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NEWS UPDATES 12 June 2009
Indonesia launches longest bridge to link islands
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Indonesia officially opened on Wednesday its longest bridge, one of the few major infrastructure projects to be completed in Southeast Asia's biggest economy since the crisis of the late 1990s, reported Reuters.

The government of President Susilo Bambang Yudhoyono, who is seeking a second term in elections in July, has been struggling to push forward plans to overhaul Indonesia's poor network of roads, ports, airports, power supply and other infrastructure.

The shoddy state of Indonesia's infrastructure is considered a key impediment to attracting more foreign investment.

The 5.4-km Suramadu bridge, which connects the islands of Java and Madura, cost about 4.5 trillion rupiah ($450 million) to build with about half the funds loaned from China.

The bridge is the first to link two of Indonesia's bigger islands.

A business leader welcomed the launch of the bridge, but said a lot more needed to be done.

"All these infrastructure problems are what makes this a high cost economy in Indonesia," said Sofjan Wanandi, chairman of the Employers' Association of Indonesia (APINDO).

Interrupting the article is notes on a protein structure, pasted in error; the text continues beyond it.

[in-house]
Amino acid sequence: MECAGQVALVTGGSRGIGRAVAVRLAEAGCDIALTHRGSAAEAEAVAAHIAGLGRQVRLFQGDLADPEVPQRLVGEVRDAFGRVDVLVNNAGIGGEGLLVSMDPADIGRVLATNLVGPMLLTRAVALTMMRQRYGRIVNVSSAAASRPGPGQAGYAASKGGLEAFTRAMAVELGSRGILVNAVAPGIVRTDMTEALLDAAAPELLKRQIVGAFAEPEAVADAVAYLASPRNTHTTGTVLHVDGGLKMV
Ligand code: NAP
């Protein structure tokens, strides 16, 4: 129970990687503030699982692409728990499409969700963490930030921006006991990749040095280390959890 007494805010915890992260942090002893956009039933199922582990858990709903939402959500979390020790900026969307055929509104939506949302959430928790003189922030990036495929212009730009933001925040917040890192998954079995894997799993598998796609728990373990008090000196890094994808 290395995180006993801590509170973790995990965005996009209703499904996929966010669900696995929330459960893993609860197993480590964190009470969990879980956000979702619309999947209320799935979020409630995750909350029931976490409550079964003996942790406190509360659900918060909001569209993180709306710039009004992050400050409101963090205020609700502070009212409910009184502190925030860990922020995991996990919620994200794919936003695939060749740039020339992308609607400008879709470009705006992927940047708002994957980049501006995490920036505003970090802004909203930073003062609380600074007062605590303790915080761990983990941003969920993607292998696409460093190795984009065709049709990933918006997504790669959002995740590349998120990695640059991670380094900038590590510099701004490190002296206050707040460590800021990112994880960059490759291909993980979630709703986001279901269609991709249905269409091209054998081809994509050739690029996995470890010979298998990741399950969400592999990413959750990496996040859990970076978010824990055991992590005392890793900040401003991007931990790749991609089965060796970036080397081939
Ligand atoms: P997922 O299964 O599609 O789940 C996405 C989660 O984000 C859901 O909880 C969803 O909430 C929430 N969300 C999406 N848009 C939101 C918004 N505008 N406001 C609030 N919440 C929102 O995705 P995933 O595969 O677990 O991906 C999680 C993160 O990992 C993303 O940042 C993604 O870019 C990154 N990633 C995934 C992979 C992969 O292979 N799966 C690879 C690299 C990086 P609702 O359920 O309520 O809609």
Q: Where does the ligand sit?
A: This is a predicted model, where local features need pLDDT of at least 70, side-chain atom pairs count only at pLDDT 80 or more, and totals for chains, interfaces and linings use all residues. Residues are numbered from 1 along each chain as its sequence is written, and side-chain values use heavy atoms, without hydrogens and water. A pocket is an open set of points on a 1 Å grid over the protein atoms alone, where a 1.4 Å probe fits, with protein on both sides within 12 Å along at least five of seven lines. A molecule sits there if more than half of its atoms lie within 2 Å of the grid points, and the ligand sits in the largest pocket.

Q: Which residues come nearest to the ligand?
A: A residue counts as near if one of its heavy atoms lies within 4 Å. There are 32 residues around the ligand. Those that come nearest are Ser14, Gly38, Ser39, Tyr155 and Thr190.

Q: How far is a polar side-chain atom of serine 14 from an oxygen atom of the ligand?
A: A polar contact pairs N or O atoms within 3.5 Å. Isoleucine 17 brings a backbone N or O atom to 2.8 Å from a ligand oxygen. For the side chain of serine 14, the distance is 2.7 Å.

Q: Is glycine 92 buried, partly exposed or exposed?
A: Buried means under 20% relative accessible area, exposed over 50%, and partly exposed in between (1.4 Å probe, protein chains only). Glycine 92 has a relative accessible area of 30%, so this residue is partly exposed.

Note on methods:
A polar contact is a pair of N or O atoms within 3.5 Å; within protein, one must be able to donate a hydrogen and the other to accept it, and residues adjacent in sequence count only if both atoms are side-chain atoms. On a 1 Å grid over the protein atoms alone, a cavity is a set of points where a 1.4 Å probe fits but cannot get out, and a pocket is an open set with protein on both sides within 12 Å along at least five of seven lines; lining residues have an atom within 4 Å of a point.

"They (the government) need to build highways, address the tolls, the airport and what people really need is clean drinking water. These are basic things that are needed urgently."

President Yudhoyono said at the opening ceremony in Bangkalan, the capital of Madura, that he hoped the bridge would boost the economy of Madura.

Previously it took 30 minutes by ferry from Madura to Indonesia's second city of Surabaya in East Java province. The time has now been cut to 5 minutes.

A 2008 business survey by the Asia foundation and a private Indonesian body on regional autonomy (KPPOD) found that companies felt poor roads and unreliable electricity were the top constraints for doing business in Indonesia.


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